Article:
Thursday, October 08, 2009

The Miles Between


The Miles Between by Mary Pearson. Henry Holt & Co. 2009. Audiobook Brilliance Audio 2009. Narrated by Jeannie Stith. Reviewed from audiobook provided by Brilliance Audio.


The Plot: Destiny Farraday is subject to her parents whims. Since age 7, she has been shipped from boarding school to boarding school. Just as she settles in one, they decide to send her someplace new. Ten years later, she's learned her lessons. Don't trust anyone. Don't make friends. Whatever you do, don't love anyone. Any day now, she may have to leave Hedgebrook Academy. When the one person she can count on, Aunt Edie, doesn't show up for a scheduled visit. Des wishes that for just once, life would be fair; that she would get one fair day.

When Des sees the car -- the pink convertible -- it looks so, well, inviting. Literally. Door open, engine running. She doesn't think twice; she decides to just go. Problem? She cannot drive. So she asks Seth. And Mira sees them and comes along; and then Aidan; and now these four have escaped school for one day, one fair day.

Is there such a thing as a fair day?

The Good: This isn't a book about a boarding school; it's about a road trip, as Des decides to visit her home town and confront the parents who abandoned her. Along the way, Des learns about Mira, Seth, and Aidan, finding out that they are more than the faces and quirks she observes over breakfast or in class. Des has done such a good job at keeping the world at arm's length that she has created barriers and, well, she just isn't good with people. But today, Des's fair day, that will change.

Des hasn't just created barriers between herself and those at school. There are also barriers between Des and the reader; protections in place. Things being half told. Destiny has been sent to boarding school at age seven? Do they even still have boarding schools for children that young, I wondered, isn't that something out of old English films? What's going on? What's happened? What did Destiny do, to get sent away? What has she done that they pull her from one school to another? Des cannot help herself; she slips, now and then, with details about her past.

The miles between. The miles between Des and her parents are disappearing, as the car she has kind of stolen gets closer and closer to her home town. Of course, she hasn't told Seth and the others the car isn't hers; she hasn't told them that the town they are approaching is the one she lived in for her first seven years. The miles between Des and other people are also disappearing; you cannot spend all that time in a car with people and remain casual acquaintances.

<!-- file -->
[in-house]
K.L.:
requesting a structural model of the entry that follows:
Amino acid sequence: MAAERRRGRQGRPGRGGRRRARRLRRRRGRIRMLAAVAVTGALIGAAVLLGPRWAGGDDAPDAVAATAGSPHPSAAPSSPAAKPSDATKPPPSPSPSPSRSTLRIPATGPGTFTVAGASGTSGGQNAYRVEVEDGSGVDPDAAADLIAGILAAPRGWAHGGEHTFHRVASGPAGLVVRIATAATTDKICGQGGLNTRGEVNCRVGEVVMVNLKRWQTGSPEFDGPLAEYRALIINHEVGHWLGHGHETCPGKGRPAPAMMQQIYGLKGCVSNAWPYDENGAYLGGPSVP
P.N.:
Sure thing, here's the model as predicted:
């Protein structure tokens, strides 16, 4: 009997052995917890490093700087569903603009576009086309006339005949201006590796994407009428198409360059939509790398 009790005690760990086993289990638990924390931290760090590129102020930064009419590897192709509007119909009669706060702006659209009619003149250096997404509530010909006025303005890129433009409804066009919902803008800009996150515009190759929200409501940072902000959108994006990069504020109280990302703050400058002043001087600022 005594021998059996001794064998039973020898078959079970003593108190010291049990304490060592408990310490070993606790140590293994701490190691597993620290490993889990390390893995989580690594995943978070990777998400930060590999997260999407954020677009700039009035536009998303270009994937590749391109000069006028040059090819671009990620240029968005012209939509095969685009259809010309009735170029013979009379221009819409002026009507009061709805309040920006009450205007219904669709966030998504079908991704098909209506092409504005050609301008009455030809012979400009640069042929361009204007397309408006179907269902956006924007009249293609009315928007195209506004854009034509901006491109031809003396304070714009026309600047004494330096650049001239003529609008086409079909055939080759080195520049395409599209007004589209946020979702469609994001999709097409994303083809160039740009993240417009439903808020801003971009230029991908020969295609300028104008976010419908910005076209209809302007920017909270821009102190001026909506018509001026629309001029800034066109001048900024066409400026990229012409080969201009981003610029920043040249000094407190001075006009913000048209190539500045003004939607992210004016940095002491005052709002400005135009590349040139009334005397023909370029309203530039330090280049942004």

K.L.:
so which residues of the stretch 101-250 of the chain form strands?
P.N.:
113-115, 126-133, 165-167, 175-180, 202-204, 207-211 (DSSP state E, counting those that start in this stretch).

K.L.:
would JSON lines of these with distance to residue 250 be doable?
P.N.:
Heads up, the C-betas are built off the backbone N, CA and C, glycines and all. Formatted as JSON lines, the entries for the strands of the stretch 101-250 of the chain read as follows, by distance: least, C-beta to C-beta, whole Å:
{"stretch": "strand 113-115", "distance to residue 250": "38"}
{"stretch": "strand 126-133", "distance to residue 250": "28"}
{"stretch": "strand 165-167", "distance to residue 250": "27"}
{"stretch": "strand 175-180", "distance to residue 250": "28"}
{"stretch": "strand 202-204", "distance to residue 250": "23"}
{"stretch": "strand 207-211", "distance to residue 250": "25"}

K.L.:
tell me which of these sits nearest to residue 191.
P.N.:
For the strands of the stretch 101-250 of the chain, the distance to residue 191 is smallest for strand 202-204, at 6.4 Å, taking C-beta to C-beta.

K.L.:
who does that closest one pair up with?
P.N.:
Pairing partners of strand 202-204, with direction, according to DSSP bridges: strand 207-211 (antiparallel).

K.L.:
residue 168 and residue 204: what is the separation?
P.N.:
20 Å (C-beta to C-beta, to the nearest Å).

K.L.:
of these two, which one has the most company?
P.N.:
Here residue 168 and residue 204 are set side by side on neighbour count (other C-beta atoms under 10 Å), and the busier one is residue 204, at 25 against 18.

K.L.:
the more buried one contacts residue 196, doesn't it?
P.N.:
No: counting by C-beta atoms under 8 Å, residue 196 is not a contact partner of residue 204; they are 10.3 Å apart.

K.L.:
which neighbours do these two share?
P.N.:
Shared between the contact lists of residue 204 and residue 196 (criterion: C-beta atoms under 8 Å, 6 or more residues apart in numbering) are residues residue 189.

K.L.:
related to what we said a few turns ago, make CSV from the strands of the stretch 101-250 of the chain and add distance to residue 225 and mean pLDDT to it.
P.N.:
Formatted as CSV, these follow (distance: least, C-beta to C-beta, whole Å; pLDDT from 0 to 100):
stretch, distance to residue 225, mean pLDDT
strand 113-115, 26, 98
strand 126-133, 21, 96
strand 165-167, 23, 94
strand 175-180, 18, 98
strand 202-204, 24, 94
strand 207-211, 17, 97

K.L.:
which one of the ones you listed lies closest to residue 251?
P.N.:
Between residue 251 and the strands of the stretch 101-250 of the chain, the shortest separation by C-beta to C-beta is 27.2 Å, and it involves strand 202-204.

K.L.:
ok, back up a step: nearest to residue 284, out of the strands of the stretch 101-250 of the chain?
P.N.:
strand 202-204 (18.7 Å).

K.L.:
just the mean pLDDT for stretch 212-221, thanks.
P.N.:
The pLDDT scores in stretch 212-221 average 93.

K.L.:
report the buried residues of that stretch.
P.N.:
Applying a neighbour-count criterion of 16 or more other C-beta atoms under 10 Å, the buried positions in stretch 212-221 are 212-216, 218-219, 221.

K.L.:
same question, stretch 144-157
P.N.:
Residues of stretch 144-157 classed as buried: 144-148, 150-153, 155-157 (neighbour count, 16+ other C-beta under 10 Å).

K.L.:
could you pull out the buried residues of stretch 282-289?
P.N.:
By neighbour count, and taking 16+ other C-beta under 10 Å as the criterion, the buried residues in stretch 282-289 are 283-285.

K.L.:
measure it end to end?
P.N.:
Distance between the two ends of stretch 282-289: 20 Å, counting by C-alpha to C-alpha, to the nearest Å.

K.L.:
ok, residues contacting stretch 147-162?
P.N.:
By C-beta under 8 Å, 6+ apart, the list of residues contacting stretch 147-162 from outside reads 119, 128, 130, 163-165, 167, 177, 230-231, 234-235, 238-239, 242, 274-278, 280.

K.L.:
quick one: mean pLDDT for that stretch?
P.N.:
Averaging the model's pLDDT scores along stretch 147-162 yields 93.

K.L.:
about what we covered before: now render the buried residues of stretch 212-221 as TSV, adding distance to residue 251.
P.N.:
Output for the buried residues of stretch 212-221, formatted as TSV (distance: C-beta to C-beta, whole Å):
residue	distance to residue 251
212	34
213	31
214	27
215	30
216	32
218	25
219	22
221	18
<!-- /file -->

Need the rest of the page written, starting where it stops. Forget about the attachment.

Des has a few quirks; some from being alone so much, moving around so much. She examines things; as she explains, "I pay attention to dates, numbers, and circumstance. Obsessively, some say. I prefer to think of it as careful observation, finding the pattern to coincidence. Can there really be such a thing as a pattern to coincidence? It would seem to defy the very definition. But many things are not what they seem to be."

So much in Des's life has not made sense, that she tries to gain control over disorder, chaos, and disappointment by viewing things as logical. Seeing patterns, discovering the same numbers again and again, finding stories about other coincidences that seem to defy logic -- yet happened. Des's viewpoint infuses the whole story, to the point where it almost seems like The Miles Between is magical realism. But the magic comes not from magic, but from Des's belief in a pattern. And that bleeds over from Des's own life to those of Seth, Aidan, Mira, as she finds out what each needs to have a "fair" day. And somehow, that fair thing happens.

A fair day. Not a good day; not a happy day. Not a day where you get what you want. Rather -- a fair day. What would your fair day be?

The Miles Between is not like The Adoration of Jenna Fox or A Room on Lorelei Street; I love how plot-wise, these books vary so much; how character wise, Jenna, Zoe, and Des are so unlike each other. But there are similarities, other than the obvious -- that Pearson is a talented writer that delights you with each story she tells and creates vibrant, real settings. It's also that each story is about a character finding out truths about herself, figuring out how to connect with the greater world.

© Elizabeth Burns of A Chair, A Fireplace & A Tea Cozy

1 comment:

CLM said...

The Fessenden School, a couple miles from where I live, takes boarders as young as 5th grade (all boys), and Rumsey Hall in CT (coed) starts that young too, I think. I assume it is more of an East Coast tradition. I think it is much more common to start boarding in 9th, however. At the 7-12 school I attended, we had a number of 5 day boarders and a bunch of girls from South America, but boarders were phased out soon after I graduated (a pity because the food was much better then).

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